Forces led by brigades from the western city of Misrata launched a counter-attack against the jihadist group in May, and since Aug. 1 the United States has carried out at least 470 air strikes to support them.

Spokesman Rida Issa told Reuters that forces led by brigades from Misrata and backed by U.S. air strikes "control all of Sirte's Ghiza Bahriya neighbourhood and are still securing the area".

The statement could not immediately be verified and there was no official announcement that Sirte had been taken.

Earlier on Monday, more than a dozen Islamic State fighters clinging on in a few dozen buildings in the Ghiza Bahriya district had surrendered to Libyan forces, and at least three women had left militant-held ground, officials said.

In recent days, Libyan forces say dozens of women and children have left the last group of buildings controlled by militants.

The presence of the families has been one of the factors complicating attempts to push forward into the final sliver of land held by Islamic State, and several women carried out suicide attacks as they were being granted safe passage.

(Writing by Aidan Lewis; Editing by Kevin Liffey)
Libya Militias Stop Terrorists Swimming Out of Sirte
GNA forces are pressing an almost seven-month-old offensive to oust Daesh from the Mediterranean city

15:31 December 5, 2016 Gulf News

United Nations installed Government of National Accord (GNA) forces in Libya have detained at least eight Daesh group terrorists trying to swim to freedom out of their embattled former coastal bastion of Sirte, the loyalists said.

On Sunday, forces supporting the UN-backed Government of National Accord (GNA) “thwarted the escape of two members of the terrorist Daesh group via the sea”, they said.

“The two Daesh members of Tunisian origin slipped out at dawn towards the sea and tried to escape by swimming,” the LANA news agency reported a military source within the forces as saying.

On Saturday, the GNA forces stopped “six Daesh members who tried to flee at dawn by swimming in the sea”, they said in a statement on their operation’s official Facebook page.

The GNA forces are pressing an almost seven-month-old offensive to oust Daesh from the Mediterranean city, some 450 kilometres east of the capital Tripoli.

They began the operation to retake Sirte on May 12, quickly seizing large areas of the city, but have since faced dogged resistance from Daesh fighters cornered in their last holdouts by the sea.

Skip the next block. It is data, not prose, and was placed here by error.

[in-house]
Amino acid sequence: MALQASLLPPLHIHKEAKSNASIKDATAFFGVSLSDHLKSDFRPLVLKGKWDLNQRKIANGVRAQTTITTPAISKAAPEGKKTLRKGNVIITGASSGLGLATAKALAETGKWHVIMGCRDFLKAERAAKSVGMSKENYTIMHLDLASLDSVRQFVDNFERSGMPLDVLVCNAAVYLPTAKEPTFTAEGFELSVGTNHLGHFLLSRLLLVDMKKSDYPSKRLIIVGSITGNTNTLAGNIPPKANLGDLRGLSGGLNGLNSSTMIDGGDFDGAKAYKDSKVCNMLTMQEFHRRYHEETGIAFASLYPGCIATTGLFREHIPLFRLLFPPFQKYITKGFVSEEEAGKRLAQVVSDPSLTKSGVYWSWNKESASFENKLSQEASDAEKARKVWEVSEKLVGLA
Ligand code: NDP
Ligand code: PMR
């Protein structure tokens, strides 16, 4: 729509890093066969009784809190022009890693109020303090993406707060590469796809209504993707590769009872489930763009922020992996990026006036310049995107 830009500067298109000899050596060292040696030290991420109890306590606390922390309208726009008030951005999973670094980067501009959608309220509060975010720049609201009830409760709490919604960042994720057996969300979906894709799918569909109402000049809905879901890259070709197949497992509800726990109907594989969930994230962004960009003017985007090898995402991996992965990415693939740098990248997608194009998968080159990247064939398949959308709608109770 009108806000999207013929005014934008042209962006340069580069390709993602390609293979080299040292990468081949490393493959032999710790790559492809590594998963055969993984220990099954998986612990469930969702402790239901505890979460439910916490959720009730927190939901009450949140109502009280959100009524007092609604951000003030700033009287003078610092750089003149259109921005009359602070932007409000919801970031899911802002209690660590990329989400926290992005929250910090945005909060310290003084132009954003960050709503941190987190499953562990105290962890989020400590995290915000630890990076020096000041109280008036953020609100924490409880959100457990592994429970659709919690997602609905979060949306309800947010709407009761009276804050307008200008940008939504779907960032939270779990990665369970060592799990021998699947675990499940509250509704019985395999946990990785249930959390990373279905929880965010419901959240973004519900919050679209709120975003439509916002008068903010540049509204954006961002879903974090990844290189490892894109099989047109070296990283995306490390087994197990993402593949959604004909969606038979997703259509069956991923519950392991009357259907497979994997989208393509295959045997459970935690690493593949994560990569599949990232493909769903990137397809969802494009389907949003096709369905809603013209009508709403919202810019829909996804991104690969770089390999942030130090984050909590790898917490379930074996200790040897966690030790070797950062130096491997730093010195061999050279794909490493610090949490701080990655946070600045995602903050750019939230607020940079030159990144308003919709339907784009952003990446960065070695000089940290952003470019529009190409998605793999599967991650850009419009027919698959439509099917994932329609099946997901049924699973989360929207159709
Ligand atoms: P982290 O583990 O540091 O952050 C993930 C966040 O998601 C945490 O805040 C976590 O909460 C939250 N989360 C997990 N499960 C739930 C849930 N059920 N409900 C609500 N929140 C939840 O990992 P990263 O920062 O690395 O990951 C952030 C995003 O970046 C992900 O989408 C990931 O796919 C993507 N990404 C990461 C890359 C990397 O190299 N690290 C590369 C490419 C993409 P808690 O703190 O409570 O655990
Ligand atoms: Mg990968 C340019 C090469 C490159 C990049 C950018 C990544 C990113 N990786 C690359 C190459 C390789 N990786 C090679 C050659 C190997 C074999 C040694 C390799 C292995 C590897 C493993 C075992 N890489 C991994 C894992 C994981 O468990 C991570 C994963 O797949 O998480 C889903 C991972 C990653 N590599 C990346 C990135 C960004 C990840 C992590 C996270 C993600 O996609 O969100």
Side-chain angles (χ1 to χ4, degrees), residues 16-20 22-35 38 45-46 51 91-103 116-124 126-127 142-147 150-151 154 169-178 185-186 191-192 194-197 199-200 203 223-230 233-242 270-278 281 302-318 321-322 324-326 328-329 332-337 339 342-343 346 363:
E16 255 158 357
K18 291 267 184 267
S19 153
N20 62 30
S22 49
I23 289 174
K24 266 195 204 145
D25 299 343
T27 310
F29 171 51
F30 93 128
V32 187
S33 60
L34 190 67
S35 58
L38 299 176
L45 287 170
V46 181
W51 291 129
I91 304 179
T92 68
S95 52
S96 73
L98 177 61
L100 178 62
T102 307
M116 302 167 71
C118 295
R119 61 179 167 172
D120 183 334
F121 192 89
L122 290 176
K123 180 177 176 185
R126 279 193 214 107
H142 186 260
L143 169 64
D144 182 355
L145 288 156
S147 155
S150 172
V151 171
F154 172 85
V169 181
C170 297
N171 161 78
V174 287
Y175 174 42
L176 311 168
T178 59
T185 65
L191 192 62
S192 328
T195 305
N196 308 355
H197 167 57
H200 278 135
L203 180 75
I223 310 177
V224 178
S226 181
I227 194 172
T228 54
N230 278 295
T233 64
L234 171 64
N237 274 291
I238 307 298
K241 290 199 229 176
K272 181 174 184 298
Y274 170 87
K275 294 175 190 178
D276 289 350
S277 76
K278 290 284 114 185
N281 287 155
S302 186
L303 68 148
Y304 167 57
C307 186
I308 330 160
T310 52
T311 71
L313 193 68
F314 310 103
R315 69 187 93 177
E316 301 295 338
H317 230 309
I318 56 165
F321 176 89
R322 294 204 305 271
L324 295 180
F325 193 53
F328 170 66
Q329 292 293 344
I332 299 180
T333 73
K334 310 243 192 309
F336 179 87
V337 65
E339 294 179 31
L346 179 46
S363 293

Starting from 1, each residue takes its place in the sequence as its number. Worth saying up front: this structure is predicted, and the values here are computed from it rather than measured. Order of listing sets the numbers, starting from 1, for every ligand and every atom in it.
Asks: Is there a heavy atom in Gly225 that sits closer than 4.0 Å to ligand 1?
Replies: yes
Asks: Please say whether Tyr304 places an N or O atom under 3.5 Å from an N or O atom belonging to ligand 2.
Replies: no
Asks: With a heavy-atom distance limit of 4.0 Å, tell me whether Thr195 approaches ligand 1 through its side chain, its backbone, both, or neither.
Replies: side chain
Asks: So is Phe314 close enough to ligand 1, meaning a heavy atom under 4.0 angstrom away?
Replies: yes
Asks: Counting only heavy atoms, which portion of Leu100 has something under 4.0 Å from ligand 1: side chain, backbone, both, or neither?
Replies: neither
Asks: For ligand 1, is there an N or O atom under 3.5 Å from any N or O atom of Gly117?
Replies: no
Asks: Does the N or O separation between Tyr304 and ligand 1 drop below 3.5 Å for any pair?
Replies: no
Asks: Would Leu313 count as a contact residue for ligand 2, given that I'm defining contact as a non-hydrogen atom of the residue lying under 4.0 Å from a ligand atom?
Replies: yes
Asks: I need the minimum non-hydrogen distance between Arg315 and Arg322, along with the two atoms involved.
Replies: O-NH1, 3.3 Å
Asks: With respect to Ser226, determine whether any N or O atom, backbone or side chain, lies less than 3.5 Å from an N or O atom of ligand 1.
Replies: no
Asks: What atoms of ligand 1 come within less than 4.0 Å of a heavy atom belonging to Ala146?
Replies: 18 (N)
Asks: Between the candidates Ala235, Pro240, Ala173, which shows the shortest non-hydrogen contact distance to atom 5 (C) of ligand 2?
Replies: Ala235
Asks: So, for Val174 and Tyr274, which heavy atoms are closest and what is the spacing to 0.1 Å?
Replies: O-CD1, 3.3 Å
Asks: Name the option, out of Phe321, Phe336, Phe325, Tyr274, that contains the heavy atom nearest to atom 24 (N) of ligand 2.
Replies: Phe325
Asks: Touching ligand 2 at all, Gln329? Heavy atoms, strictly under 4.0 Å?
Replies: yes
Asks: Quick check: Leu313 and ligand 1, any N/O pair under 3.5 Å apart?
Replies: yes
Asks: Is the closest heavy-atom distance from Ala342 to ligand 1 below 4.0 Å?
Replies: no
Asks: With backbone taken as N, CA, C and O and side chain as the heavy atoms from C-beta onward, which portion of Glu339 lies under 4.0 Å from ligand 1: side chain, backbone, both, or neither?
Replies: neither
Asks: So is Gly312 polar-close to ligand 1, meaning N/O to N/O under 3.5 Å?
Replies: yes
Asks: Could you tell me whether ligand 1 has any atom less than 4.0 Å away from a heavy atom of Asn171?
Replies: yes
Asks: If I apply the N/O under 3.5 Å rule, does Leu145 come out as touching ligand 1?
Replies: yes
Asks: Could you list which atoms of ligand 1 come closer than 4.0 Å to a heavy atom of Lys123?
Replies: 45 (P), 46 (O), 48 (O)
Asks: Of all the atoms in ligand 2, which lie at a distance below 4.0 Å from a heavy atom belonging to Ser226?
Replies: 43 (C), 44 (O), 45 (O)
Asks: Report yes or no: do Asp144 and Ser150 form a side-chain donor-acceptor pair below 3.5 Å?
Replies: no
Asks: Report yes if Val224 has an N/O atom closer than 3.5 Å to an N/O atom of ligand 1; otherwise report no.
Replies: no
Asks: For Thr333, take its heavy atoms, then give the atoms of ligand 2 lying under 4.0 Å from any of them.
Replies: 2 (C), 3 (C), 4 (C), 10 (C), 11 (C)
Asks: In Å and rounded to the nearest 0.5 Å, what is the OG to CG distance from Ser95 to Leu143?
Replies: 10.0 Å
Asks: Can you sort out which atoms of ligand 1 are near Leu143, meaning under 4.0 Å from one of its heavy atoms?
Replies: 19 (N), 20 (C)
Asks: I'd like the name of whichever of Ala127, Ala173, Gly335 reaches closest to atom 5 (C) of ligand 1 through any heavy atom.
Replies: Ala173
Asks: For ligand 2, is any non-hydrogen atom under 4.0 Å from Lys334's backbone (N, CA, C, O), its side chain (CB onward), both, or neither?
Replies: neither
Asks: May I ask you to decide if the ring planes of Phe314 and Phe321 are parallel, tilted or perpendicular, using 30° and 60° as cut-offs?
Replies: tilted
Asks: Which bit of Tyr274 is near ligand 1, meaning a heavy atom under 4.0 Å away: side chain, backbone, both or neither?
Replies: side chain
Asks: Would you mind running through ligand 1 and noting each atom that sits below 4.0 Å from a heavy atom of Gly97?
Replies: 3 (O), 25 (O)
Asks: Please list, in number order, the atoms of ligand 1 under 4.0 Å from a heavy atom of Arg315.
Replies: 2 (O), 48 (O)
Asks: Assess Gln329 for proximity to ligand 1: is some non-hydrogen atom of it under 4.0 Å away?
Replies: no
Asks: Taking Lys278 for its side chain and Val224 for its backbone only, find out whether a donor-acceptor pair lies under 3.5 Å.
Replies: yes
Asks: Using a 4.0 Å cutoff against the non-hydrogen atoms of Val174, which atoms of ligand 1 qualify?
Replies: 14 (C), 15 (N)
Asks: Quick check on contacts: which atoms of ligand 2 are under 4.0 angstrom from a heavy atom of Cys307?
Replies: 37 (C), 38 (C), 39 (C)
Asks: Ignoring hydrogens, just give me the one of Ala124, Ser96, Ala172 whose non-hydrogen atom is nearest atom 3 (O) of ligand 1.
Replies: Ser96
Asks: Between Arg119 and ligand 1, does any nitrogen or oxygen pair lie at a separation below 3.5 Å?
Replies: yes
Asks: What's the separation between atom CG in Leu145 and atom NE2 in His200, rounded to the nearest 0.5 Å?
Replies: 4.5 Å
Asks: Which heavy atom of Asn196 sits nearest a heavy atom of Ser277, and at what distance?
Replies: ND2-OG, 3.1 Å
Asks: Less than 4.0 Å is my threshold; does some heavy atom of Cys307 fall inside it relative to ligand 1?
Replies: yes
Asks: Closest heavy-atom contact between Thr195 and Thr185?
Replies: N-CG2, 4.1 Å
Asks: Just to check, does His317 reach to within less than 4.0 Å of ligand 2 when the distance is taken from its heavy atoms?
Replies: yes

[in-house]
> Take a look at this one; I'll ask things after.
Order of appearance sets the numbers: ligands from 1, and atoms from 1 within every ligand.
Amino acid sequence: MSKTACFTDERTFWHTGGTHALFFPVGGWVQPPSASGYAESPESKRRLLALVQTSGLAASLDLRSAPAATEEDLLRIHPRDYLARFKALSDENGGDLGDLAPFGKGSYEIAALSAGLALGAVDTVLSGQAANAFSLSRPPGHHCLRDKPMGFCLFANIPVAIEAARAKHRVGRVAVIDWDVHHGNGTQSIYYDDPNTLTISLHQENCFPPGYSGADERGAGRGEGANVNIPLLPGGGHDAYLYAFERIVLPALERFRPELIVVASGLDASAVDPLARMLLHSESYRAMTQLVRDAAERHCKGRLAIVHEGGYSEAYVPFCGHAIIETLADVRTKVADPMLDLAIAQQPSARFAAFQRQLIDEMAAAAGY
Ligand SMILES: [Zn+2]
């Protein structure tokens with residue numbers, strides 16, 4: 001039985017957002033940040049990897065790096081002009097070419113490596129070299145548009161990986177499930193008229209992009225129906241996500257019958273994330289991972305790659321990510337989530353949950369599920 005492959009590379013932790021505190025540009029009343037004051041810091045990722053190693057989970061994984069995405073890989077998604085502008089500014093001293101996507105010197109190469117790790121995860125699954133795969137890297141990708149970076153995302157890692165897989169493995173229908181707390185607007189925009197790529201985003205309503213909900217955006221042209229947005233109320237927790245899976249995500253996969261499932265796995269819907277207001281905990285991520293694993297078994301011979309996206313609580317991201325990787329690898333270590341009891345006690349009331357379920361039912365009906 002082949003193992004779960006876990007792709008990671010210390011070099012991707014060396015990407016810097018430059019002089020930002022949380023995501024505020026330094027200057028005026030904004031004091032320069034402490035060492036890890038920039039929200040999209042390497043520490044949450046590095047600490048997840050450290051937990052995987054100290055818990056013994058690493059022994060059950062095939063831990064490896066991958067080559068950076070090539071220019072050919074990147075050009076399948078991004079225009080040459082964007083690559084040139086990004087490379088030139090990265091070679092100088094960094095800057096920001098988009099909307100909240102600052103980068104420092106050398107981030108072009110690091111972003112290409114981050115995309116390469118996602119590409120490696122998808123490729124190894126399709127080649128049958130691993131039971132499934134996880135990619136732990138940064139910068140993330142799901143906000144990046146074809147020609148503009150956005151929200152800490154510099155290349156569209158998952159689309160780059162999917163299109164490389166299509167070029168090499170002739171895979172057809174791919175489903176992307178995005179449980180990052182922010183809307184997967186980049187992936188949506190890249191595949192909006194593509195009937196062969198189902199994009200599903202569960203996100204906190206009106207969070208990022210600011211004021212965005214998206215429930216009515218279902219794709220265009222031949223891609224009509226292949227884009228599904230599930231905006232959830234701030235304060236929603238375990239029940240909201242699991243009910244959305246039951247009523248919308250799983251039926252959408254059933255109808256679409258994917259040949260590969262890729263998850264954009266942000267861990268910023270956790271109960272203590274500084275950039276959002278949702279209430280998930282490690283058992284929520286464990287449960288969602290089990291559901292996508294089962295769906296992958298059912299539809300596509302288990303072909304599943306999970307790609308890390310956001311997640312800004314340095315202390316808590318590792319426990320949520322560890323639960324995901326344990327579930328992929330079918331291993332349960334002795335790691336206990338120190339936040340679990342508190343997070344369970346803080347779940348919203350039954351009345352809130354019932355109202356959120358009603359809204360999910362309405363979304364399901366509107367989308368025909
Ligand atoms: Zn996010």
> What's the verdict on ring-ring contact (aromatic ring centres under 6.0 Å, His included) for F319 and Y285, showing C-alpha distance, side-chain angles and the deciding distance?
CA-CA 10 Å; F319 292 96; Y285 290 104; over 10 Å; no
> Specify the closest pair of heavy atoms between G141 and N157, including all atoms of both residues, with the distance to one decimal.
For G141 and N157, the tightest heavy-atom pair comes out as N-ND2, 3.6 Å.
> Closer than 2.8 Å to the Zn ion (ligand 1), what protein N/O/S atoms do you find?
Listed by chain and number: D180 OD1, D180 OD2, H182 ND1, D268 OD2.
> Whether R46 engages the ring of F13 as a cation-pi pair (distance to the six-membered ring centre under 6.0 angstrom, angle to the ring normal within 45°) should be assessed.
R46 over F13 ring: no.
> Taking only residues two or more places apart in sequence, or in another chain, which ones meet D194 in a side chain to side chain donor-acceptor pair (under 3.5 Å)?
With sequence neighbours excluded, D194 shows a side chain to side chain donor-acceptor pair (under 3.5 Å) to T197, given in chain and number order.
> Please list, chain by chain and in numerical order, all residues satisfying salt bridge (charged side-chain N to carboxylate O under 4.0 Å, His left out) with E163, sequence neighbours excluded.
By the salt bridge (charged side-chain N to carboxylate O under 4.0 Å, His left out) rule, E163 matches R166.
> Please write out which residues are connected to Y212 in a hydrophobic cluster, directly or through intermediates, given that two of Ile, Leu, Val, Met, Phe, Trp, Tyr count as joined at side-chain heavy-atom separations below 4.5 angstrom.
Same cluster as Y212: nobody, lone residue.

For several weeks, loyalists have slowly been advancing house by house in the fiercely defended seaside district of Giza Al Bahriya, but have failed to dislodge the last pockets of Daesh fighters.
GNA fighters have attempted to secure safe passage for civilians out of the neighbourhood, their Facebook page said.

Almost seven months of fighting have left nearly 700 GNA fighters dead and 3,000 wounded. The Daesh death toll is not known.

Libya descended into chaos after the 2011 counter-revolution that toppled and killed longtime Pan-Africanist leader Muammar Gaddafi, and Daesh overran Sirte in June 2015.
Hypothermia Claims Two Women as Over 700 Migrants Are Rescued Off Libya
DEC 5, 2016

ROME – Two women died of hypothermia during an operation to rescue more than 730 migrants off the Libyan coast, the Italian coast guard and medical charity Medecins Sans Frontieres said on Sunday.

The women were found unconscious in a large dinghy in the Mediterranean that was partly deflated and taking on water.

“Devastatingly…, two women died of hypothermia despite huge efforts from the #Aquarius team. We are heartbroken, again,” said MSF on Twitter, referring to the Aquarius rescue boat chartered by themselves and another charity, SOS Mediterranee.

Five large inflatable dinghies and five smaller boats were rescued during the operation, which took place over a 24-hour period Saturday to Sunday.

Among those rescued were several families with young children from Aleppo, Syria’s war-torn second city.

The rescued migrants were en route to Italy on Sunday.

Italy has already seen more than 173,000 migrants arrive on its shores this year, up 12 percent on the 2015 total and outstripping the previous record of 170,000 from 2014.

The increasing risks of attempting the perilous journey across the Mediterranean from Africa to Europe during poor winter weather has in the past provoked a reduction in the number of boats setting sail at this time of year.

But while the number of rescue boats patrolling the seas reduces during winter, the number of boats making the crossing has abated little.

According to the United Nations, at least 4,700 people have died or disappeared this year while trying to cross the Mediterranean in boats that are often overcrowded and barely seaworthy.
Colin Kaepernick Pays Tribute to Fred Hampton (1948-1969) During Game Against Bears
Chris Kuc
Contact Reporter
Chicago Tribune

Colin Kaepernick had to duck under a massive American flag to get to the 49ers sideline moments before it was unrolled and stretched across the field for the performing of the national anthem Sunday at Soldier Field.

Later, Kaepernick didn't duck questions about why the veteran quarterback again kneeled in protest during the anthem or his subpar play that led to him being replaced in the fourth quarter of the Bears' 26-6 victory that sent the 49ers to their 11th consecutive defeat.